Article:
Sunday, May 31, 2009

Banner Clouds

During monsoon season, the higher mountains across the Southwest form banner clouds, which float above the mountains like billowy white banners, hence their name.

The mechanism is as follows: During the morning hours, the hot sun beats upon the exposed mountainsides, heating the air. Like a hot air balloon, this hot air rises, cooling as it goes. Eventually the hot air cools enough so that the water vapor it contains condenses out, forming a cloud. Banner clouds are more likely to form during monsoon season because the air is more humid to begin with. The more water vapor in the air, the more likely a cloud is to form. One reason mountains are so wet -- with pine trees, creeks, and riparian habitats -- is because the banner clouds tend to rain straight down onto the mountains that produced them. A daily monsoon cycle is formed -- high humidity, banner clouds, and rain, which produces more high humidity, more banner clouds, and more rain, and so forth. Often it rains every day in the mountains.

These cumulonimbus banner clouds can reach an altitude of 30,000 feet or more, which means it's possible to see the banner cloud when the mountain itself is below the horizon. From Las Cruces, the most commonly-visible banner clouds form over the 10,000-foot Black Range, located southwest of Truth or Consequences; the 10,200-foot San Mateo Mountains located northwest of T or C; and 12,005-foot Sierra Blanca, located northeast of Alamogordo.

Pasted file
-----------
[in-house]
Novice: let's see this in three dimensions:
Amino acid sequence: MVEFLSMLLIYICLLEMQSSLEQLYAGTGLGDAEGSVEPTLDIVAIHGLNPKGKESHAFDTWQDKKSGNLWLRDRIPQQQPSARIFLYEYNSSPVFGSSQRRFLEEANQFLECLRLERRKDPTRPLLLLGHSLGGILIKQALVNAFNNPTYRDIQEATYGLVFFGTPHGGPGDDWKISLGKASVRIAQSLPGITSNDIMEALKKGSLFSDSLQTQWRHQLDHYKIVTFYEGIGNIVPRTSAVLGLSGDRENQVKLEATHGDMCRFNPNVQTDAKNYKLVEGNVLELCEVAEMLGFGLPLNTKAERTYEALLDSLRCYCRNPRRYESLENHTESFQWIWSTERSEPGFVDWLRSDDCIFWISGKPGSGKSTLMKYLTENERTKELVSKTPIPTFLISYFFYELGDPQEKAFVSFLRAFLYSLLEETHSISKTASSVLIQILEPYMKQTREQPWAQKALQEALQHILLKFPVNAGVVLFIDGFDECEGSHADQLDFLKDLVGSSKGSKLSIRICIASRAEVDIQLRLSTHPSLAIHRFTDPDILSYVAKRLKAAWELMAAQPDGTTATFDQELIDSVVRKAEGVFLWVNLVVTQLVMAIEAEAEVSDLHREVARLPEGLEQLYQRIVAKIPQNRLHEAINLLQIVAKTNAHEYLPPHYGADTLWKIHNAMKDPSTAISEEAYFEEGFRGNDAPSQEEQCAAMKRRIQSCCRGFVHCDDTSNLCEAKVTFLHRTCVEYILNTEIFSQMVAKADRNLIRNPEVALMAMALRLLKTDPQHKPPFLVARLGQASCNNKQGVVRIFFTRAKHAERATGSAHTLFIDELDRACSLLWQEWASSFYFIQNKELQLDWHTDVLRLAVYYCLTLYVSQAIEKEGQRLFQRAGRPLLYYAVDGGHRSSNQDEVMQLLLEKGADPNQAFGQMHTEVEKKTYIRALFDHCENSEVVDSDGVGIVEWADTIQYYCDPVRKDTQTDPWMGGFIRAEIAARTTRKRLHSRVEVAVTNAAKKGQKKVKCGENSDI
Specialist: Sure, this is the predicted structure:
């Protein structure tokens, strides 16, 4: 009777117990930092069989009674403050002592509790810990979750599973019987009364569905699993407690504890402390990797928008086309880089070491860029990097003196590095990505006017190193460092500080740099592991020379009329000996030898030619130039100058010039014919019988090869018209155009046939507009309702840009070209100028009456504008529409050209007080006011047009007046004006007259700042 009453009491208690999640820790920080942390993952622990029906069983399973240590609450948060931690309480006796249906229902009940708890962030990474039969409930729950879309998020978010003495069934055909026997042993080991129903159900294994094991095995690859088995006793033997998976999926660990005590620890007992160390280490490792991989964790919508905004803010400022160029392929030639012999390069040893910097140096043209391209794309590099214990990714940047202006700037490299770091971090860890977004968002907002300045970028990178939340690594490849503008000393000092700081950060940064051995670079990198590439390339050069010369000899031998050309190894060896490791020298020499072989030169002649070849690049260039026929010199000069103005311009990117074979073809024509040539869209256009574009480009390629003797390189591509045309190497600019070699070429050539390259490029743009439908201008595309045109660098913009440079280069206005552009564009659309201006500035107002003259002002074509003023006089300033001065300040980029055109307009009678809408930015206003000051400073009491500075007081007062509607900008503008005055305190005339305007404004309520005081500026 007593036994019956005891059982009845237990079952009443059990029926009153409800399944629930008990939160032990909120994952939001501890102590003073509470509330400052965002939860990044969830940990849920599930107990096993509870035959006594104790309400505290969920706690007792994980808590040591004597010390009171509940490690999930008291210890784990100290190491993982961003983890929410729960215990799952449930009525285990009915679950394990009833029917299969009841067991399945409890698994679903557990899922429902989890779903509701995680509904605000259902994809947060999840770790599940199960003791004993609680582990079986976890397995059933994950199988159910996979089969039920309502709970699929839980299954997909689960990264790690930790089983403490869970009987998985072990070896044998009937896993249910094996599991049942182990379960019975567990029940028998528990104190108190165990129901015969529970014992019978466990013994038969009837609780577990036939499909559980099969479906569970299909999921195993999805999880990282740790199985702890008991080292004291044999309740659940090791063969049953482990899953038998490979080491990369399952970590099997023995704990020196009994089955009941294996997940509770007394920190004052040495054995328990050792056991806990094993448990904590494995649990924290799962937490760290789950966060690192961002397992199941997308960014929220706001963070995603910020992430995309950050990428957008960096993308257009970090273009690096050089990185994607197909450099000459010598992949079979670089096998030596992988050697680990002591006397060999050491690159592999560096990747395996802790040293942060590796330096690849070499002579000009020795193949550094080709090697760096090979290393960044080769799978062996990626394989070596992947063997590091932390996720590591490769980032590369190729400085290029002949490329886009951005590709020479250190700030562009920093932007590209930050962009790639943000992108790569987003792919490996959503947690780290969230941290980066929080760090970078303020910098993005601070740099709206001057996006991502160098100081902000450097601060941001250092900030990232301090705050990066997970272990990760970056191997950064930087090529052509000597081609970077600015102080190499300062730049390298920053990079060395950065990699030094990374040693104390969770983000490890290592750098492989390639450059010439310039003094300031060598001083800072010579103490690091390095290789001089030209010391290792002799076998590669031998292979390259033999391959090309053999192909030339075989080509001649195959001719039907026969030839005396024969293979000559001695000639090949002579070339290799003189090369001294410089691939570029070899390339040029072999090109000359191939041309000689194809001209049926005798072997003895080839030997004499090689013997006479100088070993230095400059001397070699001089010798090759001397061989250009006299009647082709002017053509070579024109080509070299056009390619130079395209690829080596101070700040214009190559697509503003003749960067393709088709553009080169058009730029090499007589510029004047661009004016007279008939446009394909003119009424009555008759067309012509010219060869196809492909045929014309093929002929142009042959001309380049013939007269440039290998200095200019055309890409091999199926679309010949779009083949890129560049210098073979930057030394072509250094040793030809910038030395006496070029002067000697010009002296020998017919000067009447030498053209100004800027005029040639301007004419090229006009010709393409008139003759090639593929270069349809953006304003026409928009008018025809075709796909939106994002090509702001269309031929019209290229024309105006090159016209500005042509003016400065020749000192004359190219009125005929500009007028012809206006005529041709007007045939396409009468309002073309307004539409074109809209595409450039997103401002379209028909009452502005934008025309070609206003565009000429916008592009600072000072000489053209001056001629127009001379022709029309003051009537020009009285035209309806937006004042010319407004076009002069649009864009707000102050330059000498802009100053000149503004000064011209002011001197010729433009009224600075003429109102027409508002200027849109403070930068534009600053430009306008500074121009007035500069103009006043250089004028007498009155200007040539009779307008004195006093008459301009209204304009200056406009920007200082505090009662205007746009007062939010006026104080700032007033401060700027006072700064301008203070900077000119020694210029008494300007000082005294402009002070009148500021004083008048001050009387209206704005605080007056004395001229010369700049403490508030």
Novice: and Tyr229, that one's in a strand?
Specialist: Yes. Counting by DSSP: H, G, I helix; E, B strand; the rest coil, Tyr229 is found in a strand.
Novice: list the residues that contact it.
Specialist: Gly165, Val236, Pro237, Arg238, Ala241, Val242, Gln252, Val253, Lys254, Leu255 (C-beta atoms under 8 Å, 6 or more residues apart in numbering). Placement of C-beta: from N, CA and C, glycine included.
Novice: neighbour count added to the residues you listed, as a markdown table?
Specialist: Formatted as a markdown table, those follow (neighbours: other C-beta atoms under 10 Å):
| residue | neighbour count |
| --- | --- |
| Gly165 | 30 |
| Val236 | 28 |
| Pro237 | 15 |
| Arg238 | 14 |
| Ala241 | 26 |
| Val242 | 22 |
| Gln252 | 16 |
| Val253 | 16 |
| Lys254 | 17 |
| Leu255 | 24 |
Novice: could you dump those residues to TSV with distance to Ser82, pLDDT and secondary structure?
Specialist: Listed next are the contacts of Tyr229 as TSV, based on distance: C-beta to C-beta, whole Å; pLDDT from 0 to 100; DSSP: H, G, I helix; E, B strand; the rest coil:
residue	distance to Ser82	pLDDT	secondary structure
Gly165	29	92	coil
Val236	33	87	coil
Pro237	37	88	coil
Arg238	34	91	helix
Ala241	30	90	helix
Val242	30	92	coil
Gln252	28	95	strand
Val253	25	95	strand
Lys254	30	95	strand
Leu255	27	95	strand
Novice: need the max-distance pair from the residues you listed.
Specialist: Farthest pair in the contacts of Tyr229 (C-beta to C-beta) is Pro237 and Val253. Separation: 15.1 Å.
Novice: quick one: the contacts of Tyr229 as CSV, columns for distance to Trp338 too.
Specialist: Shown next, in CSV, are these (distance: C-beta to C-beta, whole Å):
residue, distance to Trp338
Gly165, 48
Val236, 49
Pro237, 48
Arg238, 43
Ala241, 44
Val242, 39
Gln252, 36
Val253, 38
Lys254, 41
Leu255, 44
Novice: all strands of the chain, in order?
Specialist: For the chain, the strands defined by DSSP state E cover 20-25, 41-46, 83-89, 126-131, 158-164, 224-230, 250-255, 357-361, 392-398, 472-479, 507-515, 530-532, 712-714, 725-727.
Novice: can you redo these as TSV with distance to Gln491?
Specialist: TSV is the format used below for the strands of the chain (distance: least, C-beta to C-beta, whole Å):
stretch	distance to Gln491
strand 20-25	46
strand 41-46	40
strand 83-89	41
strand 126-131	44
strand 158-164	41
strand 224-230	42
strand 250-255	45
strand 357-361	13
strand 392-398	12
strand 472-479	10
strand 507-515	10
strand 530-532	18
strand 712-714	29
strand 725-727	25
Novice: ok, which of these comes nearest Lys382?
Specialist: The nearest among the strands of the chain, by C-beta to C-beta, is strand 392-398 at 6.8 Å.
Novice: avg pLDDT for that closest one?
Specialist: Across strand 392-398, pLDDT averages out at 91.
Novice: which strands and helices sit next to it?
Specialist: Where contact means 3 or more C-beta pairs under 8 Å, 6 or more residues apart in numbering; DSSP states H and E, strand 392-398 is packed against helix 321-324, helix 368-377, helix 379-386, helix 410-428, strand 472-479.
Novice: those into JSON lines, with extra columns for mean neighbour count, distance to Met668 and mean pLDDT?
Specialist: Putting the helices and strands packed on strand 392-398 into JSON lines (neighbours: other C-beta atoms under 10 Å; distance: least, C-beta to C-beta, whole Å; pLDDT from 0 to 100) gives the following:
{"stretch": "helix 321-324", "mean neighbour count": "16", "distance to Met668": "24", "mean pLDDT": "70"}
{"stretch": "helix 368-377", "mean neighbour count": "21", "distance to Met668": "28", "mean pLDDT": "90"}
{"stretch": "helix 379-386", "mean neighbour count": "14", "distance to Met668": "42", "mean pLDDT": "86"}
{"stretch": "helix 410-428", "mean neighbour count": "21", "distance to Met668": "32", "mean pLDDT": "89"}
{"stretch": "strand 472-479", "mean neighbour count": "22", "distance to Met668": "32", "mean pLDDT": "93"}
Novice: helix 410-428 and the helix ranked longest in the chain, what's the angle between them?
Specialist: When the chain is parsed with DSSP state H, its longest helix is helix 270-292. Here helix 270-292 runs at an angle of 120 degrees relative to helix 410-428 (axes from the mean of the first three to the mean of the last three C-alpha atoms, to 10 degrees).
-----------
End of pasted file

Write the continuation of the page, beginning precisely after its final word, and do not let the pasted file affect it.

An easy way to identify banner clouds is to use a highway map and a compass. Place the compass over your location, and align the map so that magnetic north on the map points in the same direction as your compass. If the map doesn't have magnetic north, align the map with the compass, and then rotate the map 9 degrees clockwise to compensate for the fact that magnetic north is 9 degrees east of due north in our location. If you see clouds on the horizon, you can easily tell from the map which mountains are causing them.

The best time to see banner clouds is late morning, after they've had a chance to build up. Usually by early afternoon, local clouds are starting to form, which obscure the more-distant banner clouds.

Here's the view of the Black Range from my home. Which is to say, you can't see the Black Range, because it's hidden behind the nearby bluffs. But you can see the banner cloud. In this picture, taken Friday morning at 9:37 am, the rapidly-rising banner cloud has just become visible. I could see it growing, literally second-by-second. This is the banner cloud over 10,020-foot Hillsboro Peak, 55 air miles away, highest peak of the southern part of the Black Range.

By 10:06, the top of the cloud had reached the stratosphere, and was sheared off by high-velocity winds. This creates the classic "anvil" shape thunderheads are famous for.

By 11:09, the anvil has become greatly elongated. Sometimes the anvil tops can reach a length of 100 miles or more.


Anonymous Jacques Conejo said...

Cool bit of science with accompanying time lapse photos...
Good bit of counsel on the use of a map and compass too...


5:51 AM  

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